“I thank my God in all my remembrance of you, always in every prayer of mine for you all making my prayer with joy, because of your partnership in the gospel from the first day until now.”
From the very start of his ministry in Philippi, it seems that Paul’s special relationship with the church there was inevitable. After all, the apostle and Silas first went to Philippi, a city in Macedonia, as the result of a supernatural vision, an occurrence that did not always precede their evangelization of a new area (Acts 16:6–12). Moreover, Paul and Silas both received extraordinarily attentive care from the Philippian jailer after his conversion (vv. 25–34). This care from one who would become part of the Philippian church foreshadowed the later support the apostle would receive from the believers in Philippi (Phil. 4:10–20).
Today’s passage reflects the close bond between Paul and the Philippians. Paul begins his letter with words thanking God for the Philippians’ “partnership in the gospel from the first day until now” (1:3–5). Such expressions of gratitude were common in first-century letters, and, indeed, Paul regularly began his epistles in this manner (for example, 1 Cor. 1:4–9; Eph. 1:15–23; Col. 1:3–14). Yet the apostle’s opening words are somewhat unusual in that they focus on God’s work in the Philippian Christians (Phil. 1:6) rather than emphasizing the Philippians themselves.
Paul’s custom, Philippians 1:3–5 reveals, was to remember the Philippians in prayer during his daily times of intercession (“always in every prayer of mine”). His love for this congregation was exemplified in his regular prayers for them. One of the chief grounds of this affection was the Philippians’ eagerness to work with the apostle in gospel ministry (v. 5). This partnership was multifaceted. The believers in Philippi took part in the proclamation of the truth of Christ in word and in deed (vv. 27–28). They also suffered for their faith alongside Paul (vv. 29–30) and continually pleaded with the Father in the apostle’s behalf (vv. 18b–20). And, of course, we cannot forget the Philippians’ financial support of Paul’s ministry (4:10–20).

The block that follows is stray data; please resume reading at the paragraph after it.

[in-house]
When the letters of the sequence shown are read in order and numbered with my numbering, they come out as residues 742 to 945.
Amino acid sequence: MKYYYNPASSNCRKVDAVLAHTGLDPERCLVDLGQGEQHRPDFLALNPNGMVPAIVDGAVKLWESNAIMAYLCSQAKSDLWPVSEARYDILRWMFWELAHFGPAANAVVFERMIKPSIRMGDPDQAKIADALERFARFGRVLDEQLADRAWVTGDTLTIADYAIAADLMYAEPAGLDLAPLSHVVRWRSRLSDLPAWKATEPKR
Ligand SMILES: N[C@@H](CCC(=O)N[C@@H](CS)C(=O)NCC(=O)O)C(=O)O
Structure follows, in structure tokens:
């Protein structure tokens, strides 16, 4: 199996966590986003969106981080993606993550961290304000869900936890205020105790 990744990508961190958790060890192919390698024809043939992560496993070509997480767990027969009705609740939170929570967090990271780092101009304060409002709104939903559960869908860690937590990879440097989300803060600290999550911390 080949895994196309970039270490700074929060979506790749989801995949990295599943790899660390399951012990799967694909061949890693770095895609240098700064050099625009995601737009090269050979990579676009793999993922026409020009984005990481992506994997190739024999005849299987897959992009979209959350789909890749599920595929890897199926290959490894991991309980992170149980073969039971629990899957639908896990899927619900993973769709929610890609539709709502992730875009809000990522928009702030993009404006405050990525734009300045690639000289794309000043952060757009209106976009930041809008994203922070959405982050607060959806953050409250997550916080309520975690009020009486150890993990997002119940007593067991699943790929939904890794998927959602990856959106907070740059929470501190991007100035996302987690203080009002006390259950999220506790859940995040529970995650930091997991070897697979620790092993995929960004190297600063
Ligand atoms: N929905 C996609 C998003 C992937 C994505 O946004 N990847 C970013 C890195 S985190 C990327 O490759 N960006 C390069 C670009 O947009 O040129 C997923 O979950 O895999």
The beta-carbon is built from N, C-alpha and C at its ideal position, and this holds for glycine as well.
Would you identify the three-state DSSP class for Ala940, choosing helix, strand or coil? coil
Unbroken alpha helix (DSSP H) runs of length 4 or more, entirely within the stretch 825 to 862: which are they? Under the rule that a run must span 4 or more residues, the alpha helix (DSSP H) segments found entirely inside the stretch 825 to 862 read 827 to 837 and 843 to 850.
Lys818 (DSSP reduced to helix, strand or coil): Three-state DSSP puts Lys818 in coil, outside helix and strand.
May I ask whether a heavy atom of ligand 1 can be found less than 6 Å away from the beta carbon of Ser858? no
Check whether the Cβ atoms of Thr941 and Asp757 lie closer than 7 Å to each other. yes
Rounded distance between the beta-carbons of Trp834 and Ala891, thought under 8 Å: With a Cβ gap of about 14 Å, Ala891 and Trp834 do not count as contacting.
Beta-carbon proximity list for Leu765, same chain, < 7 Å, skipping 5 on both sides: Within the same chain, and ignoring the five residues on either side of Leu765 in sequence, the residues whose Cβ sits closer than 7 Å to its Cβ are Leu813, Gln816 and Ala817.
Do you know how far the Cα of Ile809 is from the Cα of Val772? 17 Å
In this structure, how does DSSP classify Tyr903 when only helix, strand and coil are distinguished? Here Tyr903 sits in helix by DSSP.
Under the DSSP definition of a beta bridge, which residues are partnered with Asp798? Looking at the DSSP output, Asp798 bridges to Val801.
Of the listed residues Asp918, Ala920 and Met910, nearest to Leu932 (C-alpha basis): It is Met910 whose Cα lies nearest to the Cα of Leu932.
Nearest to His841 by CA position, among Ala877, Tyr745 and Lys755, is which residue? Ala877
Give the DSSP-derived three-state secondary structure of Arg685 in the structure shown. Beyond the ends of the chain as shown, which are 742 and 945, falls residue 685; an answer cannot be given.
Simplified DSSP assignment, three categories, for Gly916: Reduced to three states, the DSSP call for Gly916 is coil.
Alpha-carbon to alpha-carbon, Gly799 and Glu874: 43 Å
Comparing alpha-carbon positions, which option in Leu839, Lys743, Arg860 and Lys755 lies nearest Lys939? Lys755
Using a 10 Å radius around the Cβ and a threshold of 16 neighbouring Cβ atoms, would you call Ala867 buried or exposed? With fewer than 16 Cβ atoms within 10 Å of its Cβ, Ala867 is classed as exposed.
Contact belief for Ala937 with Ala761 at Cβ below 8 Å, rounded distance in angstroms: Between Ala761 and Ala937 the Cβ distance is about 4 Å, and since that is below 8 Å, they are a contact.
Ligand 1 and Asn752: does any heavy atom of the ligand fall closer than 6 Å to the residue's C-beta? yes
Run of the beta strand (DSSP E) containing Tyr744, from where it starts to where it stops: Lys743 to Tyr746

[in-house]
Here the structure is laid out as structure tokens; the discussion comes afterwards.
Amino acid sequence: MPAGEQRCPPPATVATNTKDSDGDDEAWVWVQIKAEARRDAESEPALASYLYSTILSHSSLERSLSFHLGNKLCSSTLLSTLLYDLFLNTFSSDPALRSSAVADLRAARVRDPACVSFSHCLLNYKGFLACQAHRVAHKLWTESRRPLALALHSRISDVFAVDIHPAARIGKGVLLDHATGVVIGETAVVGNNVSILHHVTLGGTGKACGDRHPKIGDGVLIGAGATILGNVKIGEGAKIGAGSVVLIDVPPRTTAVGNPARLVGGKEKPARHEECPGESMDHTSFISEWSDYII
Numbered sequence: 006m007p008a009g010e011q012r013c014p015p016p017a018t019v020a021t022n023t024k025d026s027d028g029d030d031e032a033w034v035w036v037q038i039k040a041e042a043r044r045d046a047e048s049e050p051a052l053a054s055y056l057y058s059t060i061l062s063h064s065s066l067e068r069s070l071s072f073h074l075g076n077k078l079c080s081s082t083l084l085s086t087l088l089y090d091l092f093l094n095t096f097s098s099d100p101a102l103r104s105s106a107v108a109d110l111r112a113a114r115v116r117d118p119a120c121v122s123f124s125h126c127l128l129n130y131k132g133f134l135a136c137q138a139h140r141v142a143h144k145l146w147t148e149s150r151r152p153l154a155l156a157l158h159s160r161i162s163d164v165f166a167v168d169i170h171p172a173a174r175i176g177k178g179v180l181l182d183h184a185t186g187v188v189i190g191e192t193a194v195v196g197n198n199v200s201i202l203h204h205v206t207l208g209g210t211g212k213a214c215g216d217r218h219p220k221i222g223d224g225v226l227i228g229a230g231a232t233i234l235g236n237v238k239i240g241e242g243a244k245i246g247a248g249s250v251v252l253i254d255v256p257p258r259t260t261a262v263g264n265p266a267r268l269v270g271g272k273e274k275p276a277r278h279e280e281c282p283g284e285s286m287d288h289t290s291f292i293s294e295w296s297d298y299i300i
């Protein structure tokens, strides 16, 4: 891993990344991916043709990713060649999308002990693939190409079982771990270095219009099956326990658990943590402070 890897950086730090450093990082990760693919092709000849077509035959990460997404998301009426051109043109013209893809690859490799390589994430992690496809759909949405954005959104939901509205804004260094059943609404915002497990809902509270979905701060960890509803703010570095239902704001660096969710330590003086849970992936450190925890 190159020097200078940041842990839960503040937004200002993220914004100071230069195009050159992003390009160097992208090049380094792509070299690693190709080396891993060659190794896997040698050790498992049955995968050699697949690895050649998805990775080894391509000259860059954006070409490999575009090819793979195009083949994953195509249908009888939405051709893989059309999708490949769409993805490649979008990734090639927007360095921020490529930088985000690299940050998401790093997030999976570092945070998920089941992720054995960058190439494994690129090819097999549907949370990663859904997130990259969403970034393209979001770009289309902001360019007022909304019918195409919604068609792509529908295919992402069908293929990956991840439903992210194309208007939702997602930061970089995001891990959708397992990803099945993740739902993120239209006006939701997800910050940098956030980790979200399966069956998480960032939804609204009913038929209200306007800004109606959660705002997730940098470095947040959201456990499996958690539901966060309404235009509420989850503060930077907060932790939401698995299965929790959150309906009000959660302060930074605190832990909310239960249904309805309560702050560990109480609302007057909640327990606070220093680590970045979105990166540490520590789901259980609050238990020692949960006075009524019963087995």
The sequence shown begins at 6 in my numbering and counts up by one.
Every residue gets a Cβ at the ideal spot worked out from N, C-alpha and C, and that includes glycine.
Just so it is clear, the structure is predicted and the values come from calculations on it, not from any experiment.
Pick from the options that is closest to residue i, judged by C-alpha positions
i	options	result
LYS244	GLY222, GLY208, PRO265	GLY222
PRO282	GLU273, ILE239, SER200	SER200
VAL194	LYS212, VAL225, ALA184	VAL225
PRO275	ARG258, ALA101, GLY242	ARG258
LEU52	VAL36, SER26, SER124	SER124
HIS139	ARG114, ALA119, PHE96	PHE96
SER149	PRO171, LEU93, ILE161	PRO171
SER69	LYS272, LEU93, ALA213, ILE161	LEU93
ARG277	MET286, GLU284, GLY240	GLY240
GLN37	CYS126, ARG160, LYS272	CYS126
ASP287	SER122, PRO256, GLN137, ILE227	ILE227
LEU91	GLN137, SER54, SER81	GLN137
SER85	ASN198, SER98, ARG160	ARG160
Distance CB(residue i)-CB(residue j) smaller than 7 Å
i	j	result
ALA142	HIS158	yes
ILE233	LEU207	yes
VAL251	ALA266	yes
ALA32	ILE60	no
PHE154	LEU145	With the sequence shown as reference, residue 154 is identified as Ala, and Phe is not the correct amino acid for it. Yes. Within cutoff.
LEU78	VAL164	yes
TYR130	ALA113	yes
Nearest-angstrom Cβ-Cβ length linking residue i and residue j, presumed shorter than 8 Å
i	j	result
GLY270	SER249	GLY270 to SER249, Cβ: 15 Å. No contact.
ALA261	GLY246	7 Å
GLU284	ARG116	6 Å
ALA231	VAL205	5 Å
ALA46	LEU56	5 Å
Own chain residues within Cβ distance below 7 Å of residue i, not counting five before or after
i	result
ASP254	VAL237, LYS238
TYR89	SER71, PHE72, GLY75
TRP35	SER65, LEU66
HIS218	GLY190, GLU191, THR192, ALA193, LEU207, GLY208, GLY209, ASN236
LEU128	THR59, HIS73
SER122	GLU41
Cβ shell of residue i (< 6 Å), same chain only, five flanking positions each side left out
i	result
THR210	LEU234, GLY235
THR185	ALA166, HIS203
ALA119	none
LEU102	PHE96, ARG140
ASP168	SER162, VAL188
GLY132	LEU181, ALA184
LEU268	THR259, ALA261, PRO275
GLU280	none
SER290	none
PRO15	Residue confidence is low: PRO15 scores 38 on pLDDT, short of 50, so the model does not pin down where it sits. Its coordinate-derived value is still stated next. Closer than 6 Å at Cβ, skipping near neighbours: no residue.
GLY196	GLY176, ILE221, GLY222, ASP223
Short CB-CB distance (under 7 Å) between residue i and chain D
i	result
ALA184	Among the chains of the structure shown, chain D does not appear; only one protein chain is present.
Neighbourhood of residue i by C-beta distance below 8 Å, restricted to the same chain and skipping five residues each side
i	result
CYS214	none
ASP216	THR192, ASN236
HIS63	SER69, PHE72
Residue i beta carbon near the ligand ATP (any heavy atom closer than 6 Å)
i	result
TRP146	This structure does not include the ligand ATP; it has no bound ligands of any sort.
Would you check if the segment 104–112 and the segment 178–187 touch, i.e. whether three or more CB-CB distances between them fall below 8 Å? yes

Today we can still partner with others to send forth the gospel when we teach alongside them, suffer the shame of the cross by supporting them when they are persecuted or harassed, pray for them, and support them financially. May we be willing to do any and all of these when we are called to work together with others in spreading the gospel.
Coram DeoLiving before the face of God
God does not save us to be lone ranger Christians, but He expects us to partner with other believers in order to send forth the gospel. There are a multitude of ways in which we can support our churches, parachurch organizations, local ministries, and so forth to help advance the kingdom. What are some of the ways you can partner with others to proclaim the gospel? Are you fulfilling this call to gospel partnership?